Ash Wednesday marks the beginning of the 40 day period before Easter, known as Lent. Traditionally this is a time when Christians all over the world “fast” something.
I would like to take this blog post to tell you not to “fast” for the sake of “fasting”. Let’s take a look at two passages on fasting from the Bible, and break down what fasting is really about.
“And when you fast, do not look gloomy like the hypocrites, for they disfigure their faces that their fasting may be seen by others. Truly, I say to you, they have received their reward. But when you fast, anoint your head and wash your face, that your fasting may not be seen by others but by your Father who is in secret. And your Father who sees in secret will reward you.”
(Matthew 6:16-18 ESV)
‘Why have we fasted, and you see it not?
Why have we humbled ourselves, and you take no knowledge of it?’
Behold, in the day of your fast you seek your own pleasure,
and oppress all your workers.
Behold, you fast only to quarrel and to fight
and to hit with a wicked fist.
Fasting like yours this day
will not make your voice to be heard on high.
Is such the fast that I choose,
a day for a person to humble himself?
Is it to bow down his head like a reed,
and to spread sackcloth and ashes under him?
Will you call this a fast,
and a day acceptable to the LORD?
“Is not this the fast that I choose:
to loose the bonds of wickedness,
to undo the straps of the yoke,
to let the oppressed go free,
and to break every yoke?
Is it not to share your bread with the hungry
and bring the homeless poor into your house;
when you see the naked, to cover him,
and not to hide yourself from your own flesh?
Then shall your light break forth like the dawn,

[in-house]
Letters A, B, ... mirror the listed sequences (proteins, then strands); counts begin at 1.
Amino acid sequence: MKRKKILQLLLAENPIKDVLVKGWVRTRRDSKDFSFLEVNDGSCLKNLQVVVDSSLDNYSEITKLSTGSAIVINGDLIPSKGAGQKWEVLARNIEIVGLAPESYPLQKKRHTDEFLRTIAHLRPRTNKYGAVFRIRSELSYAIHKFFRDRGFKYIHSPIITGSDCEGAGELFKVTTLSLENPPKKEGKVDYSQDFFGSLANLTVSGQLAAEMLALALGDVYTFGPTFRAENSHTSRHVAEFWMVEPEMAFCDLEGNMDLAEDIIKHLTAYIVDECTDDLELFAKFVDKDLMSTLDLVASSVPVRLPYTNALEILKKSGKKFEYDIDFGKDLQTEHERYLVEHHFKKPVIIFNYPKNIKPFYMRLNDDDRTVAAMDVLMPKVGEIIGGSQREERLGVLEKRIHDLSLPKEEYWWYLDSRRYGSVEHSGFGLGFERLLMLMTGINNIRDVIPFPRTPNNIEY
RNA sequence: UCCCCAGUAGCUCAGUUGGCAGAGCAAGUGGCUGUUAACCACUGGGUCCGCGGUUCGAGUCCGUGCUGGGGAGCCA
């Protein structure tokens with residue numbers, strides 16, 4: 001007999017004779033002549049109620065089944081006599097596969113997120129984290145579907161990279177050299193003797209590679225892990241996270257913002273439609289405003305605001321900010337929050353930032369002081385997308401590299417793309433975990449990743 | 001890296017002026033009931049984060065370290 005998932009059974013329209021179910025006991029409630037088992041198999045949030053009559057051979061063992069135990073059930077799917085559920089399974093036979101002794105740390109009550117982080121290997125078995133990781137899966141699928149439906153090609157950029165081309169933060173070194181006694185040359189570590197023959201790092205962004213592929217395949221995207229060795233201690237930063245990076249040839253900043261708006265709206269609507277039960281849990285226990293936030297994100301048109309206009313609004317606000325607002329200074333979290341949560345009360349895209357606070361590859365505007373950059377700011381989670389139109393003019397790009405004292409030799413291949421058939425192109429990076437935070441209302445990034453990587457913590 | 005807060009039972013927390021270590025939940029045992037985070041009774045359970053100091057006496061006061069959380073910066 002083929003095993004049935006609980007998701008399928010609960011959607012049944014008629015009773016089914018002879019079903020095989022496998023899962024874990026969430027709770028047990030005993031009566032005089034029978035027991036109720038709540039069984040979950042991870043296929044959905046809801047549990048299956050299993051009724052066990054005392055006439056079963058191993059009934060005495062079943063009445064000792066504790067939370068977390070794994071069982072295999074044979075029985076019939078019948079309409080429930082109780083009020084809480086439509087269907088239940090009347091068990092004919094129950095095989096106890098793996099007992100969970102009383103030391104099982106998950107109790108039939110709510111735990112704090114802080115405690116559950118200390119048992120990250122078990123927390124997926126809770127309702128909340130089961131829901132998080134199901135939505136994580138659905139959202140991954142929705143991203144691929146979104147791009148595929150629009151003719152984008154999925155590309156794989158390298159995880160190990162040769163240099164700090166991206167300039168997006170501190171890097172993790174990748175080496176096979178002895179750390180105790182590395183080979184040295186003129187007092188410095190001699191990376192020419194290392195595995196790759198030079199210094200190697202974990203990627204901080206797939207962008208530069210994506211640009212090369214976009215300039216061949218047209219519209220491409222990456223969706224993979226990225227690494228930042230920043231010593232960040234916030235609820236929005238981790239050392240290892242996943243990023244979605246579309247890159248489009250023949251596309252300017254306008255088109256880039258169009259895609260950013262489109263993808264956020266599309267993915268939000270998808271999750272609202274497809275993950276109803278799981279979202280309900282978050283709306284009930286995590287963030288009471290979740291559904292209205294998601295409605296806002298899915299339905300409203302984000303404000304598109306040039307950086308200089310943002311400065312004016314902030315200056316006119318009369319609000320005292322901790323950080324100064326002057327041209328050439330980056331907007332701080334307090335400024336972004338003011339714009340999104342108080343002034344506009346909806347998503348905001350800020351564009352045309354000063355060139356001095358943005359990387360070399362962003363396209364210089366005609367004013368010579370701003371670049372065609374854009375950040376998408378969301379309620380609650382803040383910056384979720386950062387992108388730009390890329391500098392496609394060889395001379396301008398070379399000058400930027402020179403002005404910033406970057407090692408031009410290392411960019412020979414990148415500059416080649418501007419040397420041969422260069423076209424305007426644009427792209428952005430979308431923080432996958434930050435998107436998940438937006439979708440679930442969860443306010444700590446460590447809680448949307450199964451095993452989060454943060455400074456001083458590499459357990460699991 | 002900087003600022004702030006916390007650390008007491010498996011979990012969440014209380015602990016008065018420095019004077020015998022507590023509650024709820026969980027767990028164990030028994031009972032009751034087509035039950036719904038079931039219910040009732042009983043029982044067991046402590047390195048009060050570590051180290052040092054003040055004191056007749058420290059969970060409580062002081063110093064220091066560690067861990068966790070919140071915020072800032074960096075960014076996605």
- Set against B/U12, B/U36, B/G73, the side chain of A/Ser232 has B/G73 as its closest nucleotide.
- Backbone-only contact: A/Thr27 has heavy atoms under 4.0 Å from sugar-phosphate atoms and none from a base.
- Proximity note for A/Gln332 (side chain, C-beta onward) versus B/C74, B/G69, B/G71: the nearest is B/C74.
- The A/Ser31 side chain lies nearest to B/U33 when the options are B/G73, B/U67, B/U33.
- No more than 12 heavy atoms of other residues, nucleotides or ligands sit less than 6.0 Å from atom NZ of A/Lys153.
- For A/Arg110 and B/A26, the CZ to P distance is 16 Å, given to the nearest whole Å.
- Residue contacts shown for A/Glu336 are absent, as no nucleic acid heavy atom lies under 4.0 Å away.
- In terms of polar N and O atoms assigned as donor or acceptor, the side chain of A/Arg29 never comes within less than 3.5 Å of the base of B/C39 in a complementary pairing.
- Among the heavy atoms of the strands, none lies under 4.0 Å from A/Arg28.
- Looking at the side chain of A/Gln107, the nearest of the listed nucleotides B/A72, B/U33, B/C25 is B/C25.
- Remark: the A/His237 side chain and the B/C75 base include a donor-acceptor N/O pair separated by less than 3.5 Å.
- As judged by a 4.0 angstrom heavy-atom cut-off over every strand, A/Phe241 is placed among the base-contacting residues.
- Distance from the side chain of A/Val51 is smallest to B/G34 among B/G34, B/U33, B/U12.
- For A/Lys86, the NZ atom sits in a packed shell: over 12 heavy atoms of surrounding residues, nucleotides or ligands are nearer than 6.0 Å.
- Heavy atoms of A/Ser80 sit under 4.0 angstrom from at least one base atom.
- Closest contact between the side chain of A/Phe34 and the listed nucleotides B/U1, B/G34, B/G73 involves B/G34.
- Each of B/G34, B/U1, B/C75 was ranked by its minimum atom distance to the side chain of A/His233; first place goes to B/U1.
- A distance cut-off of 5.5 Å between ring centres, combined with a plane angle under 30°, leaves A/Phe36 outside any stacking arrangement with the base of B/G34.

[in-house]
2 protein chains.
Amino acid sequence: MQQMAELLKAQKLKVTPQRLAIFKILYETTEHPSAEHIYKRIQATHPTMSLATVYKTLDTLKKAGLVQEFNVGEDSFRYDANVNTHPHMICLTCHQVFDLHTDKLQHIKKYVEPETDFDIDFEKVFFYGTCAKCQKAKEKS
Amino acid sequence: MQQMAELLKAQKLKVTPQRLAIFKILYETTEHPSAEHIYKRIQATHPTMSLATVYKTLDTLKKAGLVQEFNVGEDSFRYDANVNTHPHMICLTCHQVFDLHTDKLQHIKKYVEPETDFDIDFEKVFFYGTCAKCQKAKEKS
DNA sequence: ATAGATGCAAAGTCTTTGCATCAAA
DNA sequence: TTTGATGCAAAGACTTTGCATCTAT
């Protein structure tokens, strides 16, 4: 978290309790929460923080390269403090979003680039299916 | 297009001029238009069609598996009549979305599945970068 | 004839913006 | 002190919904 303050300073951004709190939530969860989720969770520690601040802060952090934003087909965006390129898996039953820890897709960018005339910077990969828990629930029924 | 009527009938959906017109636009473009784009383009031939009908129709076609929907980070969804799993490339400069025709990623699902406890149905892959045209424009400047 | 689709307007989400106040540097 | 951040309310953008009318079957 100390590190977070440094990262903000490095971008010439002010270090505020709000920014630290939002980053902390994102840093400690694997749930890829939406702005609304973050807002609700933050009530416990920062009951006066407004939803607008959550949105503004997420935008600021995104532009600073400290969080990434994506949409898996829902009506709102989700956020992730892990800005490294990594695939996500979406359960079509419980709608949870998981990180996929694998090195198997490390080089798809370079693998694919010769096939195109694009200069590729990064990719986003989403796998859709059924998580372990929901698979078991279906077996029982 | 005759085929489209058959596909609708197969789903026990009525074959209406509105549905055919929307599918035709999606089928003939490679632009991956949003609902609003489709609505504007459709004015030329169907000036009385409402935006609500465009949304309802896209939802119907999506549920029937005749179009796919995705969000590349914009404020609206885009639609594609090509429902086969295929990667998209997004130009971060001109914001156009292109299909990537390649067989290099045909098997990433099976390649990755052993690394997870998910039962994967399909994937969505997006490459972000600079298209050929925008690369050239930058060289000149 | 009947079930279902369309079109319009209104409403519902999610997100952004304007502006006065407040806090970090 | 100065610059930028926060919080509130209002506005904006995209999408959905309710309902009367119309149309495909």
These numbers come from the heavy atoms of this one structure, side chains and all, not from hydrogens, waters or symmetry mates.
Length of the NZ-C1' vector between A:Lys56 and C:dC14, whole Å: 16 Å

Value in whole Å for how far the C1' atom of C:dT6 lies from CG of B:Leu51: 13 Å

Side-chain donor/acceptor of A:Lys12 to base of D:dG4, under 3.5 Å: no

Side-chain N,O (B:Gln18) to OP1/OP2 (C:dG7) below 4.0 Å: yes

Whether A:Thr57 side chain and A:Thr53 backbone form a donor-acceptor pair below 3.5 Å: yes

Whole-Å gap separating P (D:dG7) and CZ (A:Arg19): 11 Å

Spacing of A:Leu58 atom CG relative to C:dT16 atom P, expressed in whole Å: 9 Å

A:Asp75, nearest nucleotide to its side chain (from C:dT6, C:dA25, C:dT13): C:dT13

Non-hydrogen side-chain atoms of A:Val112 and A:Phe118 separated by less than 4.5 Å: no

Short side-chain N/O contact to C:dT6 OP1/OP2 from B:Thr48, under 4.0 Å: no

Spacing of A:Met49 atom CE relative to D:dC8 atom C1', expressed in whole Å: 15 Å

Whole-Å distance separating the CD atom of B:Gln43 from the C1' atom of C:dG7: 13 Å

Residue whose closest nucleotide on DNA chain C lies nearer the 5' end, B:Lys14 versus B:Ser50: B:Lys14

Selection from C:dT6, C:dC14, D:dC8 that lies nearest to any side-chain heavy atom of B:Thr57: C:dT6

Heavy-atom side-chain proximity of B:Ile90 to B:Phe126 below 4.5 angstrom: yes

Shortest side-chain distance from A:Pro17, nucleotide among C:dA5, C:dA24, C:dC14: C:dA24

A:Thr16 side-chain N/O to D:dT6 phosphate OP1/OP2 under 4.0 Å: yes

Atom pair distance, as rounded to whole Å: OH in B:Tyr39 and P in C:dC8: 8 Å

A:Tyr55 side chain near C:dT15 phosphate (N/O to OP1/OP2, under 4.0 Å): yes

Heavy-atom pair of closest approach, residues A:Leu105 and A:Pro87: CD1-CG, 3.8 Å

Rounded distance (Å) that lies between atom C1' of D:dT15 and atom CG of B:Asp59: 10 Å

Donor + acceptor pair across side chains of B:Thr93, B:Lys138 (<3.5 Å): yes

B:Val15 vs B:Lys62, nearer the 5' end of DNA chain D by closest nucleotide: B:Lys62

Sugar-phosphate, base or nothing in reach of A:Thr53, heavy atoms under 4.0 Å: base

and your healing shall spring up speedily;
your righteousness shall go before you;
the glory of the LORD shall be your rear guard.
(Isaiah 58:3-8 ESV)
OK. So what are these two passages saying? First, fasting is between you and God. It’s not something to declare, nor something to show off. The purpose of fasting is to draw closer to him, not to gather the attention of others. Fasting does not make you “holier”. The idea that giving up chocolate, candy, texting, Facebook, tv, etc. would make you “holier” in the eyes of God shows that you do not understand what makes you “holy”. When Jesus called his follows to him, he said that we must deny ourselves. You know what means? Jesus wants ALL of us. Not just our Facebook time, our texting time, or our candy eating time. In fact, for you to “add” to your righteousness by fasting cheapens it. Your righteousness isn’t found in what you do. It’s found in what Jesus did on the cross. So for us to “add” to what Jesus did on the cross is in fact an offense to what God’s done for us. So we must not go there.
OK then… where does that leave us? Well the Isaiah passage gives us some insight into what fasting really IS about. It’s about a change in our lives. It’s about a routine change. It’s about getting out of our comfort zones. It’s giving to the poor, feeding the hungry, caring for the sick, encouraging those who need it. Yes it’s good to give up something for God, but you must replace that with an action! If you’re gonna give up Facebook, then spend time each and every day encouraging someone. Right a letter to your family members everyday. Write a note to your mom or your dad every morning before they go to work. Change up your normal routine and go out of the way to do something for someone other than yourself.
So think about it. If you’re fasting for the wrong reasons, you’re just giving something up for no reason. Don’t “add” to the righteousness of the cross. Instead, look to the cross as your source of strength to change up your routine, get out of your comfort zone, and do something you normally wouldn’t do… so that “your light will break forth like the dawn”!
(Oh and if your break your fast, don’t be so hard on yourself and give up. Pick up where you left off and continue. Finish strong. The cross isn’t simply forgiveness for failure… it’s also the strength to finish.)